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Author: jandctl One star, 50 posts Old School Fool Add to my Favorite Fools Ignore this person (you won't see their posts anymore) Number: of 220  
Subject: Re: Lowered 2012 Estimates Date: 8/22/2012 2:21 PM
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I agree. It may not happen next year but EXC will be increasing its eps and its earnings per share. I see little downside from the interest rate or synergy risks you mention, but my primary difference is on the outlook for natural gas prices.

My opinion is that they will not only be up in 2014 but will be up next year. They went down fast and they are going to go up fast. Just last August natural gas was at $4.31/mcf. Six months later it was under $2.

The EIA reported last month for the first time ever natural gas-fired power plants generated more electricity than coal-fired plants. Both are now at 32% of US power generation. This is a huge change. US Electricity Production -2010 from Wikipedia was:
Coal 1847 bWh 44.5% of capacity
N Gas 999 bWh 24.1% “
Nuclear 807 bWh 19.4% “
Hydro 255 bWh 6.1% “

The CEO of Ultra Petroleum, Mike Watford sees $4 gas in 2013 and $5 gas in 2014. His company sold half its 2011 production at $5.84/mcf. We soon forget the - in this case very recent - past.

For some very long-dated perspective let me share some 2003 and 2005 data. From Jan 10,2005 Forbes Magazine (excuse thd clipped format).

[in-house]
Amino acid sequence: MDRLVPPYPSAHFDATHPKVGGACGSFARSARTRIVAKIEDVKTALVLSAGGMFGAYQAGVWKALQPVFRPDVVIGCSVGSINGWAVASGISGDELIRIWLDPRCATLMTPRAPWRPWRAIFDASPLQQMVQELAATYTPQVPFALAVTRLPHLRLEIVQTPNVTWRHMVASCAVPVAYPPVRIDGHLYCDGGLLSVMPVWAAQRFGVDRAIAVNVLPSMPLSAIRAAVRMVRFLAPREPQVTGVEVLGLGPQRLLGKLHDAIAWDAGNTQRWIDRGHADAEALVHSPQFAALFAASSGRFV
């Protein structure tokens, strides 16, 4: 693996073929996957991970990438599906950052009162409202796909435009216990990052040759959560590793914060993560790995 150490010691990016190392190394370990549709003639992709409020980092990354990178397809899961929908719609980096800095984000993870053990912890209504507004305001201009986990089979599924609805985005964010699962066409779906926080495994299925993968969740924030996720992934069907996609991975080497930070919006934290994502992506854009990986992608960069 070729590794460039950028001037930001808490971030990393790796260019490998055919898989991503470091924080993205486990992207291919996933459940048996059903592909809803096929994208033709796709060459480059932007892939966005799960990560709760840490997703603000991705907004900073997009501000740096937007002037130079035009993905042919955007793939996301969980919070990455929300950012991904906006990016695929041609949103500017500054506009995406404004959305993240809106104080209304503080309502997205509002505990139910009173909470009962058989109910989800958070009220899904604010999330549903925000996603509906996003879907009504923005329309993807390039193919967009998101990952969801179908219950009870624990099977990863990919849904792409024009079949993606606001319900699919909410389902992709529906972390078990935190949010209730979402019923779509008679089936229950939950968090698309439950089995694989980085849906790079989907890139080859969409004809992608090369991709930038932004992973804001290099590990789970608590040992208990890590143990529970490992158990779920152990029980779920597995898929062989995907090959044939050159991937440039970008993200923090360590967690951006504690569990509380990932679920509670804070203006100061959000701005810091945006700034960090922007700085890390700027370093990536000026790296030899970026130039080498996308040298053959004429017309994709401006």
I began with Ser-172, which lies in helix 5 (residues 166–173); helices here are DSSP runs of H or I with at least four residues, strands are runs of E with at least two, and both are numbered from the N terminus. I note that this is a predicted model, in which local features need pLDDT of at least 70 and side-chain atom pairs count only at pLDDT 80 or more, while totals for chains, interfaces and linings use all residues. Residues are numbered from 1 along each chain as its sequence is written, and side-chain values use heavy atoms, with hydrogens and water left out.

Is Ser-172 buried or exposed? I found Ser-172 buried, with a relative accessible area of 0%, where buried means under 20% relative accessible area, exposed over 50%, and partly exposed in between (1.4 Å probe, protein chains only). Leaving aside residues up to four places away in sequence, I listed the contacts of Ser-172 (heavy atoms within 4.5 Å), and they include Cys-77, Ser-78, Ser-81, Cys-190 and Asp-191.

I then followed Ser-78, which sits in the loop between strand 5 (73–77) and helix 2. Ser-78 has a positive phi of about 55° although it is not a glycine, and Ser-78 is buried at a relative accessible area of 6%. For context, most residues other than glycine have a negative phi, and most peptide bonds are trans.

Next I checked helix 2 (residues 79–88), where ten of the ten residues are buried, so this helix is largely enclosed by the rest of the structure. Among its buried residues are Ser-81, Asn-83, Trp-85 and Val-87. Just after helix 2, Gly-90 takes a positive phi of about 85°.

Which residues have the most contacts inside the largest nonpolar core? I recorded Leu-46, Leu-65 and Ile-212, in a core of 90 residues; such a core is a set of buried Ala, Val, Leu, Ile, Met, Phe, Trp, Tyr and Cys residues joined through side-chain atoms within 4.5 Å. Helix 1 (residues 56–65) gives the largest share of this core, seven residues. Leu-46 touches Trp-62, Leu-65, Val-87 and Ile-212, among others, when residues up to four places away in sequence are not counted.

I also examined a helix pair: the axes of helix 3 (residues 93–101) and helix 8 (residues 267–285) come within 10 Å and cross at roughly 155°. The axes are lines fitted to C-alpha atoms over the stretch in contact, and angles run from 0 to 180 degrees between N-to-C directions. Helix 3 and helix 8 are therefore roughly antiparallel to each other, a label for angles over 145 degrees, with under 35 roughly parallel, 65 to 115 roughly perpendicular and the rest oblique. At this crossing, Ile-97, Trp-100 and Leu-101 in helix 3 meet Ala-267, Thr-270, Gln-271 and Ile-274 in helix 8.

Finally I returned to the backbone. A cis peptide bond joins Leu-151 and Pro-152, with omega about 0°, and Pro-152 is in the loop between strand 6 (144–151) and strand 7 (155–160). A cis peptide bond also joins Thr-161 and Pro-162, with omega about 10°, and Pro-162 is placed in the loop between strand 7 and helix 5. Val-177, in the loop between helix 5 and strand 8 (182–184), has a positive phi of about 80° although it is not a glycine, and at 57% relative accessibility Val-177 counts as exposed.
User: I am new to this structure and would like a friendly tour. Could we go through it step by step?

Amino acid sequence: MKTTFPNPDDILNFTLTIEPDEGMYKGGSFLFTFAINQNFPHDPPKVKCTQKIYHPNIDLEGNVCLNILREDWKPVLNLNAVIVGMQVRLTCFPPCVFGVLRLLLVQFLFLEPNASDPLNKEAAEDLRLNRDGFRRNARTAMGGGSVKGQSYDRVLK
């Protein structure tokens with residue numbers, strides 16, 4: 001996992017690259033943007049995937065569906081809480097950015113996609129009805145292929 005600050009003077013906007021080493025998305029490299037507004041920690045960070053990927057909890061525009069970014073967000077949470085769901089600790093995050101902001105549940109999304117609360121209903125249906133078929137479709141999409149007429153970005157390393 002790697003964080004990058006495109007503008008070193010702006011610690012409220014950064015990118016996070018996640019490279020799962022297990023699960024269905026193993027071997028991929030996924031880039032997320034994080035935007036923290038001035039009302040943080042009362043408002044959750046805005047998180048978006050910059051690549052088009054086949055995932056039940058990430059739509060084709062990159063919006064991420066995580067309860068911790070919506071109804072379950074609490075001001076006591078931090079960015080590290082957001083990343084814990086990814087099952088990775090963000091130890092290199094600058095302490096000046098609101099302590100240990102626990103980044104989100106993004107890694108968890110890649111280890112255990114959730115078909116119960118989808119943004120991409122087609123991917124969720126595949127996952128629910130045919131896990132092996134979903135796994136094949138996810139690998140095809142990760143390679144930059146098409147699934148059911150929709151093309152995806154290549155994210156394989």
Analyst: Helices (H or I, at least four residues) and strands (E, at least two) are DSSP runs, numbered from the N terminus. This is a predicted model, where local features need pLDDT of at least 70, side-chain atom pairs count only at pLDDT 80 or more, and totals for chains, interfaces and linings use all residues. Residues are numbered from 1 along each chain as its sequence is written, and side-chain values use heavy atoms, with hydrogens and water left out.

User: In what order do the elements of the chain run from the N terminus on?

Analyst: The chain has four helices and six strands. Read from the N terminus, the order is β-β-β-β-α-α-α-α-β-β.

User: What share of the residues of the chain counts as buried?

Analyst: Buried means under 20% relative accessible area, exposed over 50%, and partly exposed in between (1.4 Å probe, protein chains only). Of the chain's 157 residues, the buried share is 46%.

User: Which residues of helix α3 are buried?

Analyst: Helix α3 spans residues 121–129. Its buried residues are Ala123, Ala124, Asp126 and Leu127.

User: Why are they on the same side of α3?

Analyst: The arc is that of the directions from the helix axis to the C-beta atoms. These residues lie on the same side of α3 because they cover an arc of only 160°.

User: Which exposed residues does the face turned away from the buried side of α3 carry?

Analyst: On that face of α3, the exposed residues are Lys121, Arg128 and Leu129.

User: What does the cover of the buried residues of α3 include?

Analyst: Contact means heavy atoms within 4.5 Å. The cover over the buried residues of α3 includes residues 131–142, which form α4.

.."EXC one of Best Managed Companies. 30K megawatts to 5.1 million customers midwest is 70% produced by nuclear. 17 reactors produce power at 50% savings over gas-fired plants. EPS has grown 87% since last year. Member of NuStart, an industry consortium to build series of new reactors over next decade. RISKS: Needs 1) federal aid for new reactor construction and 2) a 'yes' on repository at Yucca..."

From February 17, 2003 Forbes Magazine:
..."coal and nuclear generators yes, gas generators no. Because gas supply will be constrained and GAS-FIRED electricity 2-4 TIMES MORE EXPENSIVE than coal or nuclear

Demand for the gas is accelerating faster than widely believed. Supply from the unconventionals is likewise overestimated. The supply side projections on cost and importantly, operating life of the shale wells are going to prove optimistic.
-jandctl
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